Conversely, the relatively low cost of reproduction of the medical records and bills has so little impact upon the settlement possibilities as to nearly render the practice pointless. Simply stated, if doing so costs valuable time with small returns, clients will not be well served or inclined to accept an avoidable delay toward cashing their checks.

Recent developments pose a direct threat to the current status of the so-called HITECH rates. These include lawsuits filed by large record-holding companies against the government, arguing the arbitrary assignment of the reproduction fee often quoted as being $6.50. They are taking the stance that HITECH is only properly invoked when patients are requesting their own records, and that HITECH is not applicable where third parties, such as law firms, insurance companies, or record retrieval companies are making the requests for them.

They have a good leg to stand on in that analysis. HITECH does not explicitly state it covers record requests for anyone acting on a patient’s behalf. It speaks directly only about patients requesting their own records. HITECH could very well have stated it covered requests by patients or any agent acting under a signed release to do so, but it simply does not. Frankly, if $6.50 for each reproduction request was all a provider or records custodian could charge, there wouldn’t be much capital incentive to provide the service, and the rate of return for requested records would be excruciatingly long. Therefore, many records custodians and providers are refusing to use HITECH rates because they lose money. The amount of lost income is substantial if you figure the cumulative effect of tens of thousands of requests being billed at $6.50. It is this paradigm that can trigger an existential war, which appears to have already begun.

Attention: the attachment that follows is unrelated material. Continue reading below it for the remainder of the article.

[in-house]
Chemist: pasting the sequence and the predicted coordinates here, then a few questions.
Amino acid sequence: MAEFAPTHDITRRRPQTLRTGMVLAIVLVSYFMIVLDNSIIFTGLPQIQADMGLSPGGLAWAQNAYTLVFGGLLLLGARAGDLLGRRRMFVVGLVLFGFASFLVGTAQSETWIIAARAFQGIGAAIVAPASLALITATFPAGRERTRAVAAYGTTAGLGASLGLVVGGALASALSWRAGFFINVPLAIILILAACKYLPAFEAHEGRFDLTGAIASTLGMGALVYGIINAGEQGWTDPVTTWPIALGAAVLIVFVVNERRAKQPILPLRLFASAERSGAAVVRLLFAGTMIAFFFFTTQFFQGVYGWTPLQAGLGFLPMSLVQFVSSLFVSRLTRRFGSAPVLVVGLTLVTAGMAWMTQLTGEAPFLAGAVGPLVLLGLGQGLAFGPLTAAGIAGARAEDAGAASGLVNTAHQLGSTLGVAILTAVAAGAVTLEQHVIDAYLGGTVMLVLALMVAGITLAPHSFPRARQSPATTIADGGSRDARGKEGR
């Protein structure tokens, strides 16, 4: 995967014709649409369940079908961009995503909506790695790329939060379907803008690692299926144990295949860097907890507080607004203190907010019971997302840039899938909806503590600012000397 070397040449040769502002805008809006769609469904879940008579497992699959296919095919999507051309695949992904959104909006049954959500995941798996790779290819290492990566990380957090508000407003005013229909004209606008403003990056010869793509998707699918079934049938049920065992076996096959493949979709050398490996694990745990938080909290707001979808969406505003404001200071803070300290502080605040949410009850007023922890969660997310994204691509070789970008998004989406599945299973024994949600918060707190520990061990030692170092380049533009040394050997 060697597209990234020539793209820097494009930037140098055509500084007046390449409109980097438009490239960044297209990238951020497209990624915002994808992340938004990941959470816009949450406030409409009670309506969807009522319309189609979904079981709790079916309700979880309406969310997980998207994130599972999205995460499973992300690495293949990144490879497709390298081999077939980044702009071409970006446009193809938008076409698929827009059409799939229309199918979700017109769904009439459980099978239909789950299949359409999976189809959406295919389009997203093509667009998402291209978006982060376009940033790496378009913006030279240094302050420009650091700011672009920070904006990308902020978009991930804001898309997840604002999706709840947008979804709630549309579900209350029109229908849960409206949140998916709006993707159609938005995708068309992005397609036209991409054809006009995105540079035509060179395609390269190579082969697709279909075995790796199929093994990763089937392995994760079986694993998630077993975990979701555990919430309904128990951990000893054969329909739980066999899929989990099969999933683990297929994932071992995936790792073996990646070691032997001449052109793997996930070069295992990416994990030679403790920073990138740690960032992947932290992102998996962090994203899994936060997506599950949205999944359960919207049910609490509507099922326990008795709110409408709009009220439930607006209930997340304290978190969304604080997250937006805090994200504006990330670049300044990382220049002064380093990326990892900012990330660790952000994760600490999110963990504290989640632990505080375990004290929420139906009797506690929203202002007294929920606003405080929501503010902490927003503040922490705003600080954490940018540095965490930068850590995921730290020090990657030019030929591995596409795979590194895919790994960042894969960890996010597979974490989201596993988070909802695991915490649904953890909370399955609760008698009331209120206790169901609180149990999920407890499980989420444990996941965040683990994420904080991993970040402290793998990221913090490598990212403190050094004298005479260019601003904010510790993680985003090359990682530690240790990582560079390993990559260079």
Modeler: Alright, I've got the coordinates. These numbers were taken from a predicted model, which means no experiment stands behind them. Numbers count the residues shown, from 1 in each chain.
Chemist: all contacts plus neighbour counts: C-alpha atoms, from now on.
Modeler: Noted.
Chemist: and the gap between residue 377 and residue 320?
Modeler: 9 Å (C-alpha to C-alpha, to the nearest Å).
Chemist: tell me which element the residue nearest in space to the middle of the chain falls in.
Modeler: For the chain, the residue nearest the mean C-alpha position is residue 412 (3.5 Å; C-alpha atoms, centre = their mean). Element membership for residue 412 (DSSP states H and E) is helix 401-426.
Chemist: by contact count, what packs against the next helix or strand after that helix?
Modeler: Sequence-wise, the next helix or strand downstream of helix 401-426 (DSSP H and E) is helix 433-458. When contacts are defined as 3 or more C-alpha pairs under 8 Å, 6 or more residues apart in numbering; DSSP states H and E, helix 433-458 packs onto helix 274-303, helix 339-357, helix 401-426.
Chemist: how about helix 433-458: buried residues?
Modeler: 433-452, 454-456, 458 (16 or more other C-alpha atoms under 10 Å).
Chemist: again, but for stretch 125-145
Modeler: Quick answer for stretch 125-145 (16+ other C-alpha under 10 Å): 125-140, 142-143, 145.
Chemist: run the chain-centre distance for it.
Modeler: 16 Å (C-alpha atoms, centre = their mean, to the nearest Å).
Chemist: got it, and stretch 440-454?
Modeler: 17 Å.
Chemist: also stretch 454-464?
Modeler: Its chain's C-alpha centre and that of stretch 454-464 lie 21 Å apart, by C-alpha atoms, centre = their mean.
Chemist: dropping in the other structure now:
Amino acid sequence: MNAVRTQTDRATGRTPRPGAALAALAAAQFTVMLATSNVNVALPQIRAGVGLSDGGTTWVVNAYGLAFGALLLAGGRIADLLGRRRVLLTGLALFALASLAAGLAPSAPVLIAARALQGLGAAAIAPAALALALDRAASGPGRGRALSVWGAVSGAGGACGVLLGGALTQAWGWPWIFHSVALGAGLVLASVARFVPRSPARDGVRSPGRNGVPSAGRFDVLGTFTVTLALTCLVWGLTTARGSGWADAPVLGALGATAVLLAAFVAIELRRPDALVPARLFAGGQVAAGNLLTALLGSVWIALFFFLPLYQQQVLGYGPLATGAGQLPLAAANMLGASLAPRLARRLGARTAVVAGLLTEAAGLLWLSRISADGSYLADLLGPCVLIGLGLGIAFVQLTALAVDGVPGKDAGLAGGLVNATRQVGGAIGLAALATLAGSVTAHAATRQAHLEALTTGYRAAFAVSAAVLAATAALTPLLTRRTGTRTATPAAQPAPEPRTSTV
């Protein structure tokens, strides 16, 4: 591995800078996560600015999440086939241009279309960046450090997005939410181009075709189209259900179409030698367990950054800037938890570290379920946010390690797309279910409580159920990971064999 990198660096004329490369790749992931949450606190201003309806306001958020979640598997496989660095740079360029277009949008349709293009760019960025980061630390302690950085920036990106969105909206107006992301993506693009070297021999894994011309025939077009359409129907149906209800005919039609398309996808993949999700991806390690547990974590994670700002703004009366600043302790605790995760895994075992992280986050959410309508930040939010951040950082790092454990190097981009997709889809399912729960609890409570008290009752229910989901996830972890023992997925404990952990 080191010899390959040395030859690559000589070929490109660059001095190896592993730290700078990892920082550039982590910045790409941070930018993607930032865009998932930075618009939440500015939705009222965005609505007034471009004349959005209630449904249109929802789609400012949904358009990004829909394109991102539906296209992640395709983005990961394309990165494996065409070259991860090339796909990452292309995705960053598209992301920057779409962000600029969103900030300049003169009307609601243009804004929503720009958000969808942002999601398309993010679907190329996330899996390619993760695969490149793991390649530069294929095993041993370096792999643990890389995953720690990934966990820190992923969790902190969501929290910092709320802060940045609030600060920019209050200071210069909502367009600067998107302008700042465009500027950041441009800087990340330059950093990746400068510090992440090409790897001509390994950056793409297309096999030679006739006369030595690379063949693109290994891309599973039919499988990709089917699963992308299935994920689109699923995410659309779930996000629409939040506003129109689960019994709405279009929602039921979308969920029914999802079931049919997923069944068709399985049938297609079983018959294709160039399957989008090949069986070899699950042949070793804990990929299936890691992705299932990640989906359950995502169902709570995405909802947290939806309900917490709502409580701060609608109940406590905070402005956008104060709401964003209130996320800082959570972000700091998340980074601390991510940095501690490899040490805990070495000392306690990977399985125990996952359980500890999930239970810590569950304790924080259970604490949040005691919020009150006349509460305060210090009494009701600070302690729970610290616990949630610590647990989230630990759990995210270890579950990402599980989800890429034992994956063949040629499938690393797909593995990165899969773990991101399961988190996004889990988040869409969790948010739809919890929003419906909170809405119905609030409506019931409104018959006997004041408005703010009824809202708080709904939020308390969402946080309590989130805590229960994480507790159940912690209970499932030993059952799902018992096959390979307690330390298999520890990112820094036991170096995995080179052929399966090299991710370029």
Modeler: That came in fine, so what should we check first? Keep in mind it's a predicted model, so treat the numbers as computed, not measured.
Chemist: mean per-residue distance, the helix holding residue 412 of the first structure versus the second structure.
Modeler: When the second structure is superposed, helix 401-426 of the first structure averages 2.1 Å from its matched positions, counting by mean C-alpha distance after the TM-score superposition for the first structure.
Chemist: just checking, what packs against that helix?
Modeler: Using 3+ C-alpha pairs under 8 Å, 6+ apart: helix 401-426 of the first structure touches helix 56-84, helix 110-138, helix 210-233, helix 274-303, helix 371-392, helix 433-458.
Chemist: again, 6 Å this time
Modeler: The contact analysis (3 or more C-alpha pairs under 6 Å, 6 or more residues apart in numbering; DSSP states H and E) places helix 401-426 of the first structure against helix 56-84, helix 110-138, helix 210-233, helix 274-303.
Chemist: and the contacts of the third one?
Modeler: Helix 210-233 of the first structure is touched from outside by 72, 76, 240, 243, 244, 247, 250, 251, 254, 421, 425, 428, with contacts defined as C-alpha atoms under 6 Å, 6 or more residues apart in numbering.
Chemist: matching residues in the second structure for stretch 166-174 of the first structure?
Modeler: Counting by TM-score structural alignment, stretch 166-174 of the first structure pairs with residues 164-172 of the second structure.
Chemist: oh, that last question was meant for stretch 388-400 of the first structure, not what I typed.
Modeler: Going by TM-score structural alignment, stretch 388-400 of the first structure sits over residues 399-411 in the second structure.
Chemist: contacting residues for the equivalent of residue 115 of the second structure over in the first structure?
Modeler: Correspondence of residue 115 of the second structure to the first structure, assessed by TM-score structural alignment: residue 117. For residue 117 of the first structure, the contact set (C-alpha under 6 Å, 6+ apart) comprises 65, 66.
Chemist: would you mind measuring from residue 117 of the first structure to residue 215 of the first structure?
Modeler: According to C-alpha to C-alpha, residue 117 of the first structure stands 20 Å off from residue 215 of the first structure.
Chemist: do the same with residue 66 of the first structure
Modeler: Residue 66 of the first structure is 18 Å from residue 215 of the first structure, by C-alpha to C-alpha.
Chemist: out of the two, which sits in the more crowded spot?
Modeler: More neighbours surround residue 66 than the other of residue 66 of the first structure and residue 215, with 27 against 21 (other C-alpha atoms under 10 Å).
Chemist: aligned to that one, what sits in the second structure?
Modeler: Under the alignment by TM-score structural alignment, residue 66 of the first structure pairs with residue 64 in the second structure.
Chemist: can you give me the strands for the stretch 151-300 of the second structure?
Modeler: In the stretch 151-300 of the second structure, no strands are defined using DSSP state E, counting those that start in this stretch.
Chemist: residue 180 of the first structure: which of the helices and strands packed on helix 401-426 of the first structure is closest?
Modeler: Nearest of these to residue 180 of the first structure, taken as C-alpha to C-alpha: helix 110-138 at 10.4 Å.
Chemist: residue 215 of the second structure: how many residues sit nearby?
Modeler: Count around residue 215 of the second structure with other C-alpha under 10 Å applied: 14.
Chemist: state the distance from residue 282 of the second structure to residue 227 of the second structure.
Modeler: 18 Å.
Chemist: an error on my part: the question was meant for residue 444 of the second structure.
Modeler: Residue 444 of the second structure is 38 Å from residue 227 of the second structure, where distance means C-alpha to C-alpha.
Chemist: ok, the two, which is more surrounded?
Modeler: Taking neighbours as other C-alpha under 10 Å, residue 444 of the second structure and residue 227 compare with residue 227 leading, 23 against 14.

So what is the best practice? The best approach is to make all requests for medical and billing records under a HITECH directive initially. If you are using a record retrieval service, ask them to make one follow-up for good measure. If the HITECH directive is finally ignored or declined by the custodian, go ahead and get the records and settle your client’s claim in a timely manner. The client will appreciate that the most, even if they have no knowledge of this process in the least.